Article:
BRASILIA – Brazilian President Luiz Inacio Lula da Silva on Tuesday announced the creation of a university for students of his country and Portuguese-speaking nations of Africa.
The president made the announcement at a ceremony at which he approved the Racial Equality Statute, which in its 65 articles creates a new judicial framework of rights for the Afro-Brazilian population.
Among other things, the statute sets forth that the government must facilitate blacks’ access to home mortgages and include different measures to promote the advancement of the descendents of the African slaves brought to Brazil during the Portuguese colonial period.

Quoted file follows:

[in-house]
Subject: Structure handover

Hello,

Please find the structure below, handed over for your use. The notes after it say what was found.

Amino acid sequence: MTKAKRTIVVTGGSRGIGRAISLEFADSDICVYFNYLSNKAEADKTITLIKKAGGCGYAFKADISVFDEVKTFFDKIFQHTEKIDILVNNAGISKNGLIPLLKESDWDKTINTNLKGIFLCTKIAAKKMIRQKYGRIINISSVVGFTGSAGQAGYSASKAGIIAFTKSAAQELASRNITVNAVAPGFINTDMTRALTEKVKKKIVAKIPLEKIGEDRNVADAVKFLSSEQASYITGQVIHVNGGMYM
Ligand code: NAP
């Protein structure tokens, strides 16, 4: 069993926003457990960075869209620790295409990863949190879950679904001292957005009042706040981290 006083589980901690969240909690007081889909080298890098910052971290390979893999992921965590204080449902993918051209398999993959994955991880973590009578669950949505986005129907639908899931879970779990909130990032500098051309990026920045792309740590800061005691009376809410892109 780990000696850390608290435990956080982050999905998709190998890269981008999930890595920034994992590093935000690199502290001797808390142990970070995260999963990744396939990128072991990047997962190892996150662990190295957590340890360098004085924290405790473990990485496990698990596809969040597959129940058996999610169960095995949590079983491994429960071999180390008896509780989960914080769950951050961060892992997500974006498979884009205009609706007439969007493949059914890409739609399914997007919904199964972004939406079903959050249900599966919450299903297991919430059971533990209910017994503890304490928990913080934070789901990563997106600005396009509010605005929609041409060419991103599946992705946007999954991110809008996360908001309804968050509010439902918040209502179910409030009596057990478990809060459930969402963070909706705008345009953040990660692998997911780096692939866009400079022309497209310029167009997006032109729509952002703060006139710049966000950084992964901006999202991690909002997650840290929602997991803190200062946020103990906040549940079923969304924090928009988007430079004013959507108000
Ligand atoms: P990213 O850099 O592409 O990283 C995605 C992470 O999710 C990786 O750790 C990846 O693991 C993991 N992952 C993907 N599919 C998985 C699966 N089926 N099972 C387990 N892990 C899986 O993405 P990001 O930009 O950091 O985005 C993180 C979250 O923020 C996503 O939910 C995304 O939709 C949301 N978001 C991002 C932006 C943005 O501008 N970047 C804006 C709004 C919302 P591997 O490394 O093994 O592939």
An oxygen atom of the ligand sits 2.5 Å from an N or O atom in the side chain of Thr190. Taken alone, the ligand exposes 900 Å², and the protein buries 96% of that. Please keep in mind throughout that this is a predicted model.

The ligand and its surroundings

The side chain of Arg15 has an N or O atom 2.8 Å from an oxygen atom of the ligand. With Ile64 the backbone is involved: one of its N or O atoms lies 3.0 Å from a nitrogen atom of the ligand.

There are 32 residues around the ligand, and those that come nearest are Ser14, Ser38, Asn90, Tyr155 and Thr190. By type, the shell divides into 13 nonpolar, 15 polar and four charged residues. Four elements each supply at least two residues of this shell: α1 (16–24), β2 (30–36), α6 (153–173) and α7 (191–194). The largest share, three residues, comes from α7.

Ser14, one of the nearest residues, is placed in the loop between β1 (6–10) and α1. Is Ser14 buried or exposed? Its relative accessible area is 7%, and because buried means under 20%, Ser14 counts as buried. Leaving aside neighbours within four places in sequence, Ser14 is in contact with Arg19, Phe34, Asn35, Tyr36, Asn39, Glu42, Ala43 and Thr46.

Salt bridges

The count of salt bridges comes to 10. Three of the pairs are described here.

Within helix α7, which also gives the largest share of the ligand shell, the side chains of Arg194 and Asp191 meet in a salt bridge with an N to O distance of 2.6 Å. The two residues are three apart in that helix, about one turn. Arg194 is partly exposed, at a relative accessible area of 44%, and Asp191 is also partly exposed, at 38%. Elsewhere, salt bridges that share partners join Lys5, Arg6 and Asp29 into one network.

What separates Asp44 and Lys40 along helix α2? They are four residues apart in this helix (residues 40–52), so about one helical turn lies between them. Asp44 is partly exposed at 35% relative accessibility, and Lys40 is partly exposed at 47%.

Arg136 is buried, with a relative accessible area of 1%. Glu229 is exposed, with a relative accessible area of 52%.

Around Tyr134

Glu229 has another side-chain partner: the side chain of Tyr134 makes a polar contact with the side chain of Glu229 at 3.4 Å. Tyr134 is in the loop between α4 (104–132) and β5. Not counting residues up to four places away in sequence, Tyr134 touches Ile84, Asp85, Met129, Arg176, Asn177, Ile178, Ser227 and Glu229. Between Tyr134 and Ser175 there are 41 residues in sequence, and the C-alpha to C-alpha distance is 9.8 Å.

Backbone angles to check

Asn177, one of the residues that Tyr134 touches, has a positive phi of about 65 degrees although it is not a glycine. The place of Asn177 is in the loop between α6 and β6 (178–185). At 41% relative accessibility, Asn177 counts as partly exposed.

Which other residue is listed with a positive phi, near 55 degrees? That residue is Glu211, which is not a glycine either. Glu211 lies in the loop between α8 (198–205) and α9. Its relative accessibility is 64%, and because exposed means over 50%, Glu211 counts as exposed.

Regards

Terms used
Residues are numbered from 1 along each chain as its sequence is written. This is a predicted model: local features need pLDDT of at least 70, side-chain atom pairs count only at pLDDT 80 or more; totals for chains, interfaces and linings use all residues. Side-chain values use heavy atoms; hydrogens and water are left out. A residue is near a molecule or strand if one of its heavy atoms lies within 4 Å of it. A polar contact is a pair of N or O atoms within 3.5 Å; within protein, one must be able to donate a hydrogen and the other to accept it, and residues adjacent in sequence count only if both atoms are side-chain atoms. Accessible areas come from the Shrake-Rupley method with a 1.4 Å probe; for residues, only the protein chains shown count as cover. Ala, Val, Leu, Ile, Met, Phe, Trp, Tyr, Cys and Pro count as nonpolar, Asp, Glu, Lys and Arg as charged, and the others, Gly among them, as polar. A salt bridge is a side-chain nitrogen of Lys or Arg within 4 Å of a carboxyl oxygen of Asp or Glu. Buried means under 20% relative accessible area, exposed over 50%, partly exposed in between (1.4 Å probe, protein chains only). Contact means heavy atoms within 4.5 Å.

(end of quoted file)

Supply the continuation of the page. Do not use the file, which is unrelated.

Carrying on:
The statute also includes a series of actions to preserve Afro-Brazilian culture.
Lula framed the statute and the creation of the university as part of the “historic debt” his country owes to the African continent and to the slaves that came to Brazil, where “not even the abolition of slavery guaranteed them the full exercise of citizenship.”
He said that the Universidad Federal de la Integracion Luso-Afro-Brasileña (Federal University for Portuguese-Afro-Brazilian Integration) or Unilab, will begin operating next year in the northeastern city of Fortaleza.
Unilab initially will have 2,500 Brazilian students and another 2,500 students from the five Portuguese-speaking African nations: Angola; Mozambique; Guinea-Bissau; Cape Verde; and São Tome and Principe. EFE